Cracking the Conundrum
A solid gold Cadbury’s egg from the 1980s was the glittering prize for cracking the ‘Conundrum’ competition.
Is £10,000 a lot of money? Judging by the frenzied excitement that gripped British treasure hunters in 1984, it was certainly thought so then. Their quarry was one of the twelve gold eggs, cryptic clues to which had been buried in widely spread locations throughout the British Isles.
The ‘Conundrum Competition’, an armchair treasure hunt, was staged by Cadbury’s. The accompanying book that contained the clues was billed as the ‘Crème Egg Mystery’. Not surprisingly it was carefully planned. Launched straight after Christmas the campaign was aimed at boosting sales of the Company’s range of Easter eggs in the run up to the holiday. As often happens with such competitions, Cadbury’s and its marketing agency that dreamt up the idea, got rather more publicity than they bargained for.
All twelve eggs were made of 22ct gold and enamelled with subjects from the book. They are in the manner of the famous imperial Russian Easter eggs that master jeweller Faberge made for the Tsar and Tsarina in the years leading up to the revolutions of 1917. The Cadbury’s eggs were made by Crown Jewellers Garrards and were individually designed by Alex Styles (1922-2017).
They are about the size of a big goose egg, weigh around a quarter of a kilo and boasted a then retail value of £10,000 each.
Alex Styles was one of the country’s foremost silversmiths, a craftsman steeped in the Arts & Crafts tradition. He joined Garrards in 1952 where he remained until he retired in 1987. At Garrards he was primarily a designer, overseeing an enormous number of private commissions for mayoral chains and other civic regalia, large and impressive ceremonial silver and other such one-offs for government, corporations and the very rich. They reflect the best of contemporary silver design, the pieces were often heavy, frequently gilded and usually enamelled.
Until recently I had never seen a Conundrum Egg but a local owner has decided to sell and this particular egg featuring the Giant will go under the Mellors & Kirk hammer in the Fine Art Sale on 7 & 8 March. Hopefully, all we will be cracking is a record sale price which is a distinct possibility because by an odd twist of fate no-one knows how many of the twelve exist.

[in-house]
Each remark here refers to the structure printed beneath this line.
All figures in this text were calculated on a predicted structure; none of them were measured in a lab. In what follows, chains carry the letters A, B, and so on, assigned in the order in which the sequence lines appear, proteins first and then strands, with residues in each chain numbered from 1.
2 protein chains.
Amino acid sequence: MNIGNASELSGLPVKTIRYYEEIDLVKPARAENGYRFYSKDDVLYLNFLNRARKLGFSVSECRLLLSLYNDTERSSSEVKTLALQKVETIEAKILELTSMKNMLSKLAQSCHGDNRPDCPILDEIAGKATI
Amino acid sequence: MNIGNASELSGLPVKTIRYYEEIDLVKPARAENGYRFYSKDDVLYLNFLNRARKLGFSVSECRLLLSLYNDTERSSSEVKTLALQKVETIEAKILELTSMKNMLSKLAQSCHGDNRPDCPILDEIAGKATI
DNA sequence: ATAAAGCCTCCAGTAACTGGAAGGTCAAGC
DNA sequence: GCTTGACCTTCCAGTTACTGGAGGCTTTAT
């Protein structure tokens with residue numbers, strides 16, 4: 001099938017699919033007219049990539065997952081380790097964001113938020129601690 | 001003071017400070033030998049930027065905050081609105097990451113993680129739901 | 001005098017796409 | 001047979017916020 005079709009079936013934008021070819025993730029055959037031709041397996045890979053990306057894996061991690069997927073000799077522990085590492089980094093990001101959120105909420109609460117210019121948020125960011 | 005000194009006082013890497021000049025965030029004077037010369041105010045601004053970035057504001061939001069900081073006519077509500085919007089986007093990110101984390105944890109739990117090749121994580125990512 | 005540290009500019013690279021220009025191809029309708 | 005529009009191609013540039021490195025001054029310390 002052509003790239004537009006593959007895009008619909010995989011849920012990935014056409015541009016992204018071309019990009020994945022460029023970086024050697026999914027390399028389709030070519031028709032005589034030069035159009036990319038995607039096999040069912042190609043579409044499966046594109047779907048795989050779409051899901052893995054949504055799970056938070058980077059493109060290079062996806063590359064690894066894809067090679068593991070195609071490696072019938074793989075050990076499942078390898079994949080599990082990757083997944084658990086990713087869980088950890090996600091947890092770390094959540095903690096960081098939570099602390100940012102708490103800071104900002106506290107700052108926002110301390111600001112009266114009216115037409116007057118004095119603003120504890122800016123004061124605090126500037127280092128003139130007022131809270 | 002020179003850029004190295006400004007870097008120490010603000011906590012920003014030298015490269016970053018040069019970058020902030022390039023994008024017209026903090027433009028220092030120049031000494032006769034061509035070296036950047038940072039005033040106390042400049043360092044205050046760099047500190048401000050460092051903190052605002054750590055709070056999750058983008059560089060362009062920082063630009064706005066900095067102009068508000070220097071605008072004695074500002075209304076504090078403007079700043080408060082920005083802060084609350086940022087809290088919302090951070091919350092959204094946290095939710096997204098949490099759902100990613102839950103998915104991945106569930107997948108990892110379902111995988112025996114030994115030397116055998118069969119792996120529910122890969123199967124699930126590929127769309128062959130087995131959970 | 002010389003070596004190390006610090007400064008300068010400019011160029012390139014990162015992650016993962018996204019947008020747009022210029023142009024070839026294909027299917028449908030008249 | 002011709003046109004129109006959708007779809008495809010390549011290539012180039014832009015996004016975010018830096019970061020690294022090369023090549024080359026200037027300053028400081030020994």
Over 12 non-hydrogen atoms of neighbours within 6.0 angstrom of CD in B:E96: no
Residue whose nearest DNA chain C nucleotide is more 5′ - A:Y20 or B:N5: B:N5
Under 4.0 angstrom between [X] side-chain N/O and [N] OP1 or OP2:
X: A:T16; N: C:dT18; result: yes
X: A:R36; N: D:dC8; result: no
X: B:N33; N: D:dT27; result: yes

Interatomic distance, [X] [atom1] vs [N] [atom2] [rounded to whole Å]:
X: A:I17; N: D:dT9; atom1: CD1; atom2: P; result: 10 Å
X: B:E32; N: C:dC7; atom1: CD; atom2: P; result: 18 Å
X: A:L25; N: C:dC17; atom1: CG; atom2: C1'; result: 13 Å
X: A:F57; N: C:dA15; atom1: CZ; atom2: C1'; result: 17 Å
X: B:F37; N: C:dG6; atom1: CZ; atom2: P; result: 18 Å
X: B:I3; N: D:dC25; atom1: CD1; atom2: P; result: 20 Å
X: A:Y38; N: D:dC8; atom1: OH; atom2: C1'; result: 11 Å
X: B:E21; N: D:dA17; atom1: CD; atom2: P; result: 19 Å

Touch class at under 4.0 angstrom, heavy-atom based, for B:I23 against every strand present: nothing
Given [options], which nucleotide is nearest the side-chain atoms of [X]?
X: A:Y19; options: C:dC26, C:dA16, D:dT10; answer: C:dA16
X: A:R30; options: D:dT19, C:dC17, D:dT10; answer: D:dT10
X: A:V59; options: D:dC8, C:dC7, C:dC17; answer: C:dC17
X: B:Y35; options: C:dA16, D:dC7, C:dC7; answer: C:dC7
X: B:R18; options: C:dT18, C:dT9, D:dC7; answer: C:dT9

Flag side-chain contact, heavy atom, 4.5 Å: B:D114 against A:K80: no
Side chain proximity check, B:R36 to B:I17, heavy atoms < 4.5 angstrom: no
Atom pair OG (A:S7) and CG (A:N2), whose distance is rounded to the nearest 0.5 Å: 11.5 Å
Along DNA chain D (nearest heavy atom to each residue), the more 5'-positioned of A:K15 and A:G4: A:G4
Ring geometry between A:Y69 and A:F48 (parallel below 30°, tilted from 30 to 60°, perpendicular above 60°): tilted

Faced with reports of gold fevered prospectors armed with trowels roaming private land and historic sites, Cadbury’s decided to call off the competition early, risking the ire of frustrated hunters, with several of the eggs yet to be found. One was discovered buried in a cemetery on the Isle of Man. It is rumoured the company in wishing to ‘draw a line’ under the matter may have later quietly had melted down the remaining eggs and several owners of others are thought to have ‘weighed them in’ during a spike in the gold price.
It will be interesting to see what ‘The Giant’ makes 34 years later. The estimate is £8,000-10,000 and the only other example that has sold at auction in many years was the 13th extra or ‘secret’ and much heavier egg that was reserved as a prize for one lucky Cadbury retailer. It sold last July for a much more than predicted £17,200.
The picture book, a copy of which will be sold with the egg features almost surreal illustrations that are an integral part of the clue and was created by author and illustrator duo Don Shaw and Nick Price. It is reminiscent of a children’s annual. The Giant features everyone’s idea of how a giant should appear, a huge man gazing down from on high carrying a shovel over his shoulder and wearing ten league boots as he strides through a valley framed by an arch of clouds. So convoluted were the twelve conundrums, in the form of short stories accompanied by poems of four line stanzas, that they would have bamboozled a Bletchley Park code breaker.
In 1984 the average house was worth £37,000, interest rates nudged 10% and petrol cost 40p a litre, so £10,000 worth of gold was an attractive prize.
The egg hunt unashamedly borrowed from the 1979 picture book Masquerade, by author and illustrator Kit Williams. He secretly buried a beautiful jewelled gold hare in the grounds of a country house in Bedfordshire. Hundreds of thousands of members of the public were gripped by the story and even after the hare was discovered in 1982 people continued to search in vain. That mystery too was not without controversy, the discovery subsequently being tainted by an ‘insider’ scandal, through no fault of Williams, and the poor hare was subsequently seized and sold by liquidators at Sotheby’s in 1982.
Even though many competitions of this type seem to take on a life of their own with all manner of unintended consequences, they still seem guaranteed to drum up business. Only last week another great British brand Marmite launched a treasure hunt for an 18ct gold – guess what – jar of the sticky brown stuff!
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